Yeah, no, that makes good question. And, you know, there are some categories where we really need to go and get something and reviews was one of them. You know, it's it's a critical process. I think it's like 93% of people in E commerce like that our consumers use reviews to make a purchase decision, you know, and so going to find a market leader, the market leader reviews on IO was a very important thing to go and get. But I think it's also focusing on core fundamentals I brought up earlier a lot of bad behavior was fostered during these kinds of like, like 0% interest rates, where everyone can kind of build something. But when you get to like, what is ecommerce what is happening in commerce, and it's like, word of mouth marketing is very important. That's how things spread. And this is a new way reviews. Io is a new way to spread that word of mouth marketing. And it's just, it's a beautiful app that does so many amazing things. Calum and Tom and their team have done an amazing job building this over the past. Like past decade, I think 1112 years, you know, in this whole team, you know, I don't know everybody at the team, but they've done an excellent job. So it's focusing on, you know, certain categories that are not going to go anywhere, you know, like, you might see some fancy like, Oh, these tag managers and this thing, and like something is very technically like, it's bleeding edge. But there's certain things that are just like core to the essence of sales and transactions and reviews to IO is one of those. Yeah, yeah,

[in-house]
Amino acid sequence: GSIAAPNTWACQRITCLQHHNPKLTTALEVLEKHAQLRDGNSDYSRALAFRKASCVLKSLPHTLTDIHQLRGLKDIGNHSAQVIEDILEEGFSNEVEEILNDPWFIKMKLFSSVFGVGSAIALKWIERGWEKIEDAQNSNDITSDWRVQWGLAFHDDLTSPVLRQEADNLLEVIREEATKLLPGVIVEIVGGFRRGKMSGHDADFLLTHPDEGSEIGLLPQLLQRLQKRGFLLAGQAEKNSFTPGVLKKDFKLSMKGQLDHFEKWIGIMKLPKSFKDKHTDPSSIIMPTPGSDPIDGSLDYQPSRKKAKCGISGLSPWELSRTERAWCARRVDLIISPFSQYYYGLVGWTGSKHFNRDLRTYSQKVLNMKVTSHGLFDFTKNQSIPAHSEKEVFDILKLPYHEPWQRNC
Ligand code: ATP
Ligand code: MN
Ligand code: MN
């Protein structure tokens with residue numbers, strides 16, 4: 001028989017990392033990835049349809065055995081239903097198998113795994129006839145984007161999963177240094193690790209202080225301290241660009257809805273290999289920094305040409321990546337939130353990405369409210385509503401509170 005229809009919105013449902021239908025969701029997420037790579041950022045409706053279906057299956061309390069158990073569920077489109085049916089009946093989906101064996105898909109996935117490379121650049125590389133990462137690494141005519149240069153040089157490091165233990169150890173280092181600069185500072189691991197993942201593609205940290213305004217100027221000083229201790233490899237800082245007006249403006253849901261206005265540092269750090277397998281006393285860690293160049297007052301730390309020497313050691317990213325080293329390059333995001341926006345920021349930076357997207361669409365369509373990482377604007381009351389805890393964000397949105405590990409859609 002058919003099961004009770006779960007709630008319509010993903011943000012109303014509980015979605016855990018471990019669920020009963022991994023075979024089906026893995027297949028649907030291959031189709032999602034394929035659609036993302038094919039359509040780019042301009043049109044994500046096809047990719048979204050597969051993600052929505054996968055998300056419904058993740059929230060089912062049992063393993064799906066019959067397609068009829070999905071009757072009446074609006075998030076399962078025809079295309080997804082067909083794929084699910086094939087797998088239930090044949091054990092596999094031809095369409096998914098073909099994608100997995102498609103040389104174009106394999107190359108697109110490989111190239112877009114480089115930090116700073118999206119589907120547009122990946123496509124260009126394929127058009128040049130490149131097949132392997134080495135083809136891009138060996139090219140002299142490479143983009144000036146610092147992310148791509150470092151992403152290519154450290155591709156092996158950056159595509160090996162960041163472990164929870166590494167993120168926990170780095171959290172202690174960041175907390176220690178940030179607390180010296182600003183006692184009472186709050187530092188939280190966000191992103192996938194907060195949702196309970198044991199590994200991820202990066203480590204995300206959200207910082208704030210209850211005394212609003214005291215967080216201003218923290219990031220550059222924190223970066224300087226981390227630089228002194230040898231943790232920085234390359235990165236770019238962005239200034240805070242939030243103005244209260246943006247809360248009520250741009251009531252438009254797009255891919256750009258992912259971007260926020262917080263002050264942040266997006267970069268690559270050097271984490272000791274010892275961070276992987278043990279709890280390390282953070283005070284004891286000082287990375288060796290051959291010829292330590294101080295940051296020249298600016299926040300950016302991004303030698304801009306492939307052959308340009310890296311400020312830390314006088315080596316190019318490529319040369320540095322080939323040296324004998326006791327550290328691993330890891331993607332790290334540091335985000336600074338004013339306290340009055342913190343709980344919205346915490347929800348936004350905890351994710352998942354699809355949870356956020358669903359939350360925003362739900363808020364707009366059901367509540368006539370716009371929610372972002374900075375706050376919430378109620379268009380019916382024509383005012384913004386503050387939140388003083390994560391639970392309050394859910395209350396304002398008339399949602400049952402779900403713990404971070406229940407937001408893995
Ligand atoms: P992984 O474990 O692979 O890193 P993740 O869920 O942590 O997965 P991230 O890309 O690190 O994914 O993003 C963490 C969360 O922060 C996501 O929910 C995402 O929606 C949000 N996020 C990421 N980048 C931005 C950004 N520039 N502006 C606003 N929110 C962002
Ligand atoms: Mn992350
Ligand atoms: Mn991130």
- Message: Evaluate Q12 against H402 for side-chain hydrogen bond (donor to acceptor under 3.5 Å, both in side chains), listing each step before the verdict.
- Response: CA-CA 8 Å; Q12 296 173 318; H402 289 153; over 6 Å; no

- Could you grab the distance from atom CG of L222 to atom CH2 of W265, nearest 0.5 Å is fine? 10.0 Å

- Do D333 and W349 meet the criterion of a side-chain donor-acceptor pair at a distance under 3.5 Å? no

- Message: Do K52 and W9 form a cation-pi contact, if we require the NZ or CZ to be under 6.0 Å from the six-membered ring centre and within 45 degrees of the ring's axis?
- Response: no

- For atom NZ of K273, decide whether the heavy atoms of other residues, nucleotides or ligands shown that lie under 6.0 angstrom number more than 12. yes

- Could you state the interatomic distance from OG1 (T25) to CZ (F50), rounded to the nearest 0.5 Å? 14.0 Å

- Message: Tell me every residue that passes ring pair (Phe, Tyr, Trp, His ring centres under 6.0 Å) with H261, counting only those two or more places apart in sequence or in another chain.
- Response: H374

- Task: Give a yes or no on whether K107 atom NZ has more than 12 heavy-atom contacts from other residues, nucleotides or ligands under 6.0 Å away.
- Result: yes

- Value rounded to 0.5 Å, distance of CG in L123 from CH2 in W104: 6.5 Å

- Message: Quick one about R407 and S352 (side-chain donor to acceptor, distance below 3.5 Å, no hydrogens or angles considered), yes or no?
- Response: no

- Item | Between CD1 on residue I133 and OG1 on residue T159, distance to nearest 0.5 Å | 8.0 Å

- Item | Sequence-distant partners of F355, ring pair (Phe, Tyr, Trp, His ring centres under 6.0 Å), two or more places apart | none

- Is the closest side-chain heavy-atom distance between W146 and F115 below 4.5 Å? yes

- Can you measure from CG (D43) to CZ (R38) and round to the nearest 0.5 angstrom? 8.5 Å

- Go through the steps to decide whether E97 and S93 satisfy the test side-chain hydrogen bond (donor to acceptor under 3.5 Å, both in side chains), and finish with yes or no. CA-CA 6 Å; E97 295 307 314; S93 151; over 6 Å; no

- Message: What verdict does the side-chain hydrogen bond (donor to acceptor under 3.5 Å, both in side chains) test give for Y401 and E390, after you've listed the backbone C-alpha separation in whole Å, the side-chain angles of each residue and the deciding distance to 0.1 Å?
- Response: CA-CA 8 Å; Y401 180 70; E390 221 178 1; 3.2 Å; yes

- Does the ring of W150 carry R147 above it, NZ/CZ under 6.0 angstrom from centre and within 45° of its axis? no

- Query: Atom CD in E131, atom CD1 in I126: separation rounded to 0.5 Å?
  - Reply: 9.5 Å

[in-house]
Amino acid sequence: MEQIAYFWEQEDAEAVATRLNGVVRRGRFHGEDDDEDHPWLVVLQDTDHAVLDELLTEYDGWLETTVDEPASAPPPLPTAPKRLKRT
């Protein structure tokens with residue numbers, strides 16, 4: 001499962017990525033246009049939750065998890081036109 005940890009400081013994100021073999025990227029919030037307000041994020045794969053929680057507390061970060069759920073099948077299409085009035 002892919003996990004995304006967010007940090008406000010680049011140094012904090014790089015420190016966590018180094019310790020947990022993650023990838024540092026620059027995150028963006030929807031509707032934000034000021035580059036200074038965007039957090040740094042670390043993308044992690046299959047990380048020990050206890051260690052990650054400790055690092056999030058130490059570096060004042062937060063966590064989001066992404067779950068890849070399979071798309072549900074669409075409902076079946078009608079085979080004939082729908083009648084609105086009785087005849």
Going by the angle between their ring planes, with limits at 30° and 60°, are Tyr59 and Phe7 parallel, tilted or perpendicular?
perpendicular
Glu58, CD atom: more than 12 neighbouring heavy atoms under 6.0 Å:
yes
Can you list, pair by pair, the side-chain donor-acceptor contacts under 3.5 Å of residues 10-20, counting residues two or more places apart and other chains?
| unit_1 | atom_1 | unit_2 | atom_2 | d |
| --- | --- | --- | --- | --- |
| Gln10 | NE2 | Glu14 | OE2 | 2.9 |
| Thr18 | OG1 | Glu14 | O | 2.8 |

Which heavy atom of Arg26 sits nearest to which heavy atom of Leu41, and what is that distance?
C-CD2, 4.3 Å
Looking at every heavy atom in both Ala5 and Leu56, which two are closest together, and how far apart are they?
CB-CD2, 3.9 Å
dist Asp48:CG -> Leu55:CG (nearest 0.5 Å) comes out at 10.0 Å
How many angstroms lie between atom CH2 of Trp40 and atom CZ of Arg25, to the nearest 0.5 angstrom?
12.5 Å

Noah Rahimzadeh 26:44
we are. We are super bullish on reviews heavy on reviews. Yeah. Also, like even for Malomo, right in your eye, like, we're always looking for that social proof and validation. However, we can get it.
Mariah Parsons 26:57
Yeah. I mean, it's like one of those things that I feel like now. I feel I forget who you're talking to know about this in a other in another podcast episode. But like Amazon, I feel like set the president because they, like are so heavy with those reviews. And now it's like shopping online. You know, you see something without a lot of reviews or something that doesn't have any reviews. And you're like, Is this a new product? Like what's like, because no one tried your game? Like you're rolling dice. Exactly, exactly. And especially with, like, I just noticed my own habits. And if I find something from say, like an Instagram ad, or a Facebook ad, and then I'm still like, a little bit skeptical, sometimes just depending on if I don't know the brand, or if like, they're not verified whatever. And so if you go into, like, their website, and there's no reviews, then you're like, Okay, this is just like, I'm not ordering from here, it's not worth the risk. If like, you know, there's going to be like, Is my product going to be shipped to me if people try this? It's yeah, it blends into a lot. For like the consumer, and then also, just like merchants and buying habits and like, so both the tech and the Yeah, the consumer side of it, super lives
Jim Breese 28:19